Ongoing initiatives to improve the quality and efficiency of medicine use within the public healthcare system in South Africa: a preliminary study

Research output: Contribution to journalArticle

  • Johanna Meyer
  • Natalie Schellack
  • Jacobus Stokes
  • Ruth Lancaster
  • Helecine Zeeman
  • Douglas Defty
  • Brian Godman
  • Gavin Steel
Introduction: South Africa has an appreciable burden of both communicable and non-communicable diseases as well as high maternal, neonatal and child morbidity. There have been significant strides with improving the public health system, and addressing current inequalities, in recent years with the right to health a constitutional provision in South Africa. Initiatives include the introduction of National Health Insurance (NHI), programmes to enhance access to medicines for patients with chronic diseases, as well as activities to improve care in hospitals including improving pharmacovigilance. Consequently, the objective of this paper is to review ongoing initiatives within the public healthcare sector in South Africa and their influence to provide future direction. Method: Principally a structured review of current and planned activities. Results: There have been a number of major activities and initiatives surrounding the availability and access to medicines in the public system in recent years in South Africa. This includes a National Surveillance Centre and an innovative early warning system for the supply of medicines as well as the development of a National Health Care Pricing Authority and initiatives to improve contracting. There have also been developments to improve the supply chain including instigating Medicine Procurement Units in the provinces and enhancing forecasting capabilities. Access to medicines is improving though the instigation of stable chronic disease management initiatives to increase the number of external pick-up points for medicines. There are also ongoing programmes to enhance adherence to medicines as well as enhance adherence to Standard Treatment Guidelines and Essential Medicines Lists with their increasing availability. In addition, there is a movement to enhance the role of health technology assessment in future decision making. Hospital initiatives include increased focus on reducing antimicrobial resistance through instigating stewardship programmes as well as improving adverse drug reaction reporting and associated activities. Conclusion: Overall, there are an appreciable number of ongoing activities within the public health system in South Africa to try and ensure and sustain universal healthcare. It is too early to assess their impact, which will be the subject of future research.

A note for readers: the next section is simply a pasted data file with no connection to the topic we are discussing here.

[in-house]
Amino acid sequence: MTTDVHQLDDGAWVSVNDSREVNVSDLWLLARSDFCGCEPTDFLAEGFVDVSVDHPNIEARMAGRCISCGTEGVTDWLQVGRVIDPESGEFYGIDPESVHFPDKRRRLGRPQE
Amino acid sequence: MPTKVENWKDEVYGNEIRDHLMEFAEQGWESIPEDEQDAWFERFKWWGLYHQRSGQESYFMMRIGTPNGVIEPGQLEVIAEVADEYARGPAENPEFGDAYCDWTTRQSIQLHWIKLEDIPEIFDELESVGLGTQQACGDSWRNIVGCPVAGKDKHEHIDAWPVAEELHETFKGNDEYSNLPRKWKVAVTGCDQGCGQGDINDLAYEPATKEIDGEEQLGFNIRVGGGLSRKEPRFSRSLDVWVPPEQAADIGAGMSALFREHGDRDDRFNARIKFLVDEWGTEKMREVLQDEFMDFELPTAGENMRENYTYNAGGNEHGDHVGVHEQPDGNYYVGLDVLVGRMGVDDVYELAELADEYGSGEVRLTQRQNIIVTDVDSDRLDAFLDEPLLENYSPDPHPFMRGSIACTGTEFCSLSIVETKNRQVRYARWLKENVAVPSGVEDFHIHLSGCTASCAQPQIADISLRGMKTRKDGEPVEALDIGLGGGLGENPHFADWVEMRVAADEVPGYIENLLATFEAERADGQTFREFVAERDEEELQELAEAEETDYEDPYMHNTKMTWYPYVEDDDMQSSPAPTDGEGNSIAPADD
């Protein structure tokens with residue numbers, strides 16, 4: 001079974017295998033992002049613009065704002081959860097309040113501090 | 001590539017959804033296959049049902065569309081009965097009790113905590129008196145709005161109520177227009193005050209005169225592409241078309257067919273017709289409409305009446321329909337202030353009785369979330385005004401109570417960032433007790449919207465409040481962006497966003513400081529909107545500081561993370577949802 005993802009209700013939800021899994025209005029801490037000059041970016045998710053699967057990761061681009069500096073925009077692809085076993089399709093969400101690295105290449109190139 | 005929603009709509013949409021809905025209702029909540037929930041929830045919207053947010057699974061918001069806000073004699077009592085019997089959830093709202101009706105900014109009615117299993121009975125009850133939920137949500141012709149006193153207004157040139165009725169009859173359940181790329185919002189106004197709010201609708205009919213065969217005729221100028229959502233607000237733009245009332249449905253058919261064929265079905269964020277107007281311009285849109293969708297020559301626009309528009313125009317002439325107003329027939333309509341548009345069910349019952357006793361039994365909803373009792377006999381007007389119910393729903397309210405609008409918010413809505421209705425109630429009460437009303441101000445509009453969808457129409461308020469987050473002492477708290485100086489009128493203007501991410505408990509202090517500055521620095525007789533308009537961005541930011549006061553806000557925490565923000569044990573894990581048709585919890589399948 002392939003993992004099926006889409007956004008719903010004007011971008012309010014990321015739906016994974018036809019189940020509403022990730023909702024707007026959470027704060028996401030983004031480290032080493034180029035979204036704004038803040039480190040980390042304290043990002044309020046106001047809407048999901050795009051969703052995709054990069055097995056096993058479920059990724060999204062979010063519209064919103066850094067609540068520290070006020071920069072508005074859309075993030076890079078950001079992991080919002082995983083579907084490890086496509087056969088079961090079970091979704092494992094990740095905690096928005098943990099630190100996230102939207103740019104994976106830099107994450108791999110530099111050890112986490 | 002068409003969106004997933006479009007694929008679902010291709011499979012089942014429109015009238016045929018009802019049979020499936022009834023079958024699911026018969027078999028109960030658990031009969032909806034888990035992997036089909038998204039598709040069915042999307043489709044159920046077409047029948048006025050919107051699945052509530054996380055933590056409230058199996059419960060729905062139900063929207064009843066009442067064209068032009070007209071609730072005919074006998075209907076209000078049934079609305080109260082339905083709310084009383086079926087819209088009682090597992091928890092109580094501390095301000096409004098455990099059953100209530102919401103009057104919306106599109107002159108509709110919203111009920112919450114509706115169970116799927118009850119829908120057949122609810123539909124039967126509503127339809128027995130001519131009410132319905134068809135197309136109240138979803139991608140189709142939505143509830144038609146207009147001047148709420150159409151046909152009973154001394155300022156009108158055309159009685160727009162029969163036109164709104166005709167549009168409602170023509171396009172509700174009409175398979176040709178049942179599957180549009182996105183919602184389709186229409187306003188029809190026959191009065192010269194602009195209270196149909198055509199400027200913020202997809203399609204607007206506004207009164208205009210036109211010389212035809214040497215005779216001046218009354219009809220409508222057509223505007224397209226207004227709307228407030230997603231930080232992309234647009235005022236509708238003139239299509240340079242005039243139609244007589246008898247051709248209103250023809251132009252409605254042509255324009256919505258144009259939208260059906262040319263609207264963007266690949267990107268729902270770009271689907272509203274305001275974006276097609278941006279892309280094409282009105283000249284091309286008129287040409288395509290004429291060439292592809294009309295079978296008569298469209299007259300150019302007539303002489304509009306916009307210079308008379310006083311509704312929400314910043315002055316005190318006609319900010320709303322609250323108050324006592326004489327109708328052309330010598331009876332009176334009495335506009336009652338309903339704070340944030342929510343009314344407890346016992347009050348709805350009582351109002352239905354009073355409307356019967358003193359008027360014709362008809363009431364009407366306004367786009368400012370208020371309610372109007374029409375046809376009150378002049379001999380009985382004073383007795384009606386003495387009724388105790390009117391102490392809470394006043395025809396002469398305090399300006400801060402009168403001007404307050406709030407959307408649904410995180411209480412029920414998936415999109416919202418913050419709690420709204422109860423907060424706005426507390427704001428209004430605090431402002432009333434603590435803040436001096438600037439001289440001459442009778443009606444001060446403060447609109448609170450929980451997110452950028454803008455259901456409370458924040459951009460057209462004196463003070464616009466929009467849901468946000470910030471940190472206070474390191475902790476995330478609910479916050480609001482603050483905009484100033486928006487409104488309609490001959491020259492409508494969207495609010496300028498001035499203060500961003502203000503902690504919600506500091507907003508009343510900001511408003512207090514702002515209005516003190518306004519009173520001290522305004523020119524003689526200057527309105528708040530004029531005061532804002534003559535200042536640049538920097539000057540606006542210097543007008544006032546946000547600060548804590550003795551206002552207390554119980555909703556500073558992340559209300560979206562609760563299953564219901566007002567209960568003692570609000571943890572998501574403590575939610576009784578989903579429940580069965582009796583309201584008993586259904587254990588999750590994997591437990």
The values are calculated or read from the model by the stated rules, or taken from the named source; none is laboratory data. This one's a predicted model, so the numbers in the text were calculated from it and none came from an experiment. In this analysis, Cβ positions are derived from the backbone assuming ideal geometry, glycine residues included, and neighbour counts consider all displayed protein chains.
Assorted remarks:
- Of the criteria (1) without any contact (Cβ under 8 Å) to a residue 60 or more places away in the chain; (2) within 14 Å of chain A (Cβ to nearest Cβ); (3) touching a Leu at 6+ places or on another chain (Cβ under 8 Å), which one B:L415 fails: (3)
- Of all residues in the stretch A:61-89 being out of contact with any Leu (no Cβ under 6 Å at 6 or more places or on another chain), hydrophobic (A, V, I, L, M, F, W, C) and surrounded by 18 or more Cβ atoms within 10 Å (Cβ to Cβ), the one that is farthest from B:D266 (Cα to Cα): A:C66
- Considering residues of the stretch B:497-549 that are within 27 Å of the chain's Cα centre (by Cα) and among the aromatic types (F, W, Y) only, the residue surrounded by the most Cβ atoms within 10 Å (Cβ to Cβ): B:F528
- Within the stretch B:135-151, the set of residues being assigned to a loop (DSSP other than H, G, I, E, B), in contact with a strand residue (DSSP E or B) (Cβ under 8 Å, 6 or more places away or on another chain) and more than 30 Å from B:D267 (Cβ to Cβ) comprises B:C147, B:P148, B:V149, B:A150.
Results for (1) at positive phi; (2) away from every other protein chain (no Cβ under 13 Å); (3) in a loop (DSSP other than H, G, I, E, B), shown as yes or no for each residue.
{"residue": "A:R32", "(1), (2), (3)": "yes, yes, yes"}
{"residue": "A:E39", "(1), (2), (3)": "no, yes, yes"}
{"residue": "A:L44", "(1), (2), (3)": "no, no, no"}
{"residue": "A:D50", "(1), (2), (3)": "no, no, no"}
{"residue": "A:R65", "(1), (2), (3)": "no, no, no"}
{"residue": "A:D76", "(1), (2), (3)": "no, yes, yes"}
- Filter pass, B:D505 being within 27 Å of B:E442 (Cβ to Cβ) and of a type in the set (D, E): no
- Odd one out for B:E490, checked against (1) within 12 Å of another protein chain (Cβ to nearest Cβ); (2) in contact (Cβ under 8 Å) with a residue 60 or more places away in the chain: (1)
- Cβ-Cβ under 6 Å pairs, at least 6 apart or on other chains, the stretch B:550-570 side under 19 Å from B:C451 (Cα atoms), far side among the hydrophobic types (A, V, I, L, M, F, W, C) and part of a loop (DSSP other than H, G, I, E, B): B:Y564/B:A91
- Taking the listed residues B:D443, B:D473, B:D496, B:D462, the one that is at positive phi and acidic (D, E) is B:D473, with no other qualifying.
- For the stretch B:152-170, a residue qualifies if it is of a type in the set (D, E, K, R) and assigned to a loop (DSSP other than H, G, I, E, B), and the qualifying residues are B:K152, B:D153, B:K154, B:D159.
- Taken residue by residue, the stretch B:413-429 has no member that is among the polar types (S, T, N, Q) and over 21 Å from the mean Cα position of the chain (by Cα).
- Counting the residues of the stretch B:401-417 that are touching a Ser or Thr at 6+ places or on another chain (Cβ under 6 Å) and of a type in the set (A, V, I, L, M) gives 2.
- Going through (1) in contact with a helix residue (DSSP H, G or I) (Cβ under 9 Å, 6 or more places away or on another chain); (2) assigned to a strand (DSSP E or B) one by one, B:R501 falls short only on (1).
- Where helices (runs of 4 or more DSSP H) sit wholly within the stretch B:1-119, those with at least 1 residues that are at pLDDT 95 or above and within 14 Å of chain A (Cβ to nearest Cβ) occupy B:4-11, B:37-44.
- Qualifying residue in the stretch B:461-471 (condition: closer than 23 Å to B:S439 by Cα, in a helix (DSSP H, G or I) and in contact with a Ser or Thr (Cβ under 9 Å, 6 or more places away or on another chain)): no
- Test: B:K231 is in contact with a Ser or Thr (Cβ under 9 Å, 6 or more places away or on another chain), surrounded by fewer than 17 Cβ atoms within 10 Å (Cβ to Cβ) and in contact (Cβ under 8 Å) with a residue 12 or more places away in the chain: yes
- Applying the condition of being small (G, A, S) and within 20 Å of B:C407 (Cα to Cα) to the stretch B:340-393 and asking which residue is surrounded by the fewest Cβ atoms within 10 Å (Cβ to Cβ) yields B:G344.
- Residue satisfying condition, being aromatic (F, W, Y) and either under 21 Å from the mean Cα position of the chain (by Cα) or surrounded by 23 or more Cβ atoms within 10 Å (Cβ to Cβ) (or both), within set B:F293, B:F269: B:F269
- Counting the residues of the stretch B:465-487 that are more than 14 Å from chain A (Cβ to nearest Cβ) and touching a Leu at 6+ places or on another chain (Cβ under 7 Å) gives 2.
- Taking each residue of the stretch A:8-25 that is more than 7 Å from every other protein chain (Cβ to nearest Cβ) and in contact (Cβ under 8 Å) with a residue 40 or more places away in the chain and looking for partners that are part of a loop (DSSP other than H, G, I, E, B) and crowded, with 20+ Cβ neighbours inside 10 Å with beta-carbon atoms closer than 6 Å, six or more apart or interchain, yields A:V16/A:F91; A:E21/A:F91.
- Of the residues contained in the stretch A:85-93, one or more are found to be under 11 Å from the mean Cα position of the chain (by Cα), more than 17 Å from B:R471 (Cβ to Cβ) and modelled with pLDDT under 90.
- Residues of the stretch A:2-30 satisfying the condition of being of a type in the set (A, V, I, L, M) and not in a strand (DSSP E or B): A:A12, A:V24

Original languageEnglish
Article number301614
Pages (from-to)1-24
Number of pages24
JournalFrontiers in Pharmacology
Volume8
Issue number751
DOIs
StatePublished - 9 Nov 2017

    Research areas

  • chronic diseases, contracting, Health Care Reform, medicines, pharmacovigilance, procurement, South Africa, standard treatment guidelines, supply chain

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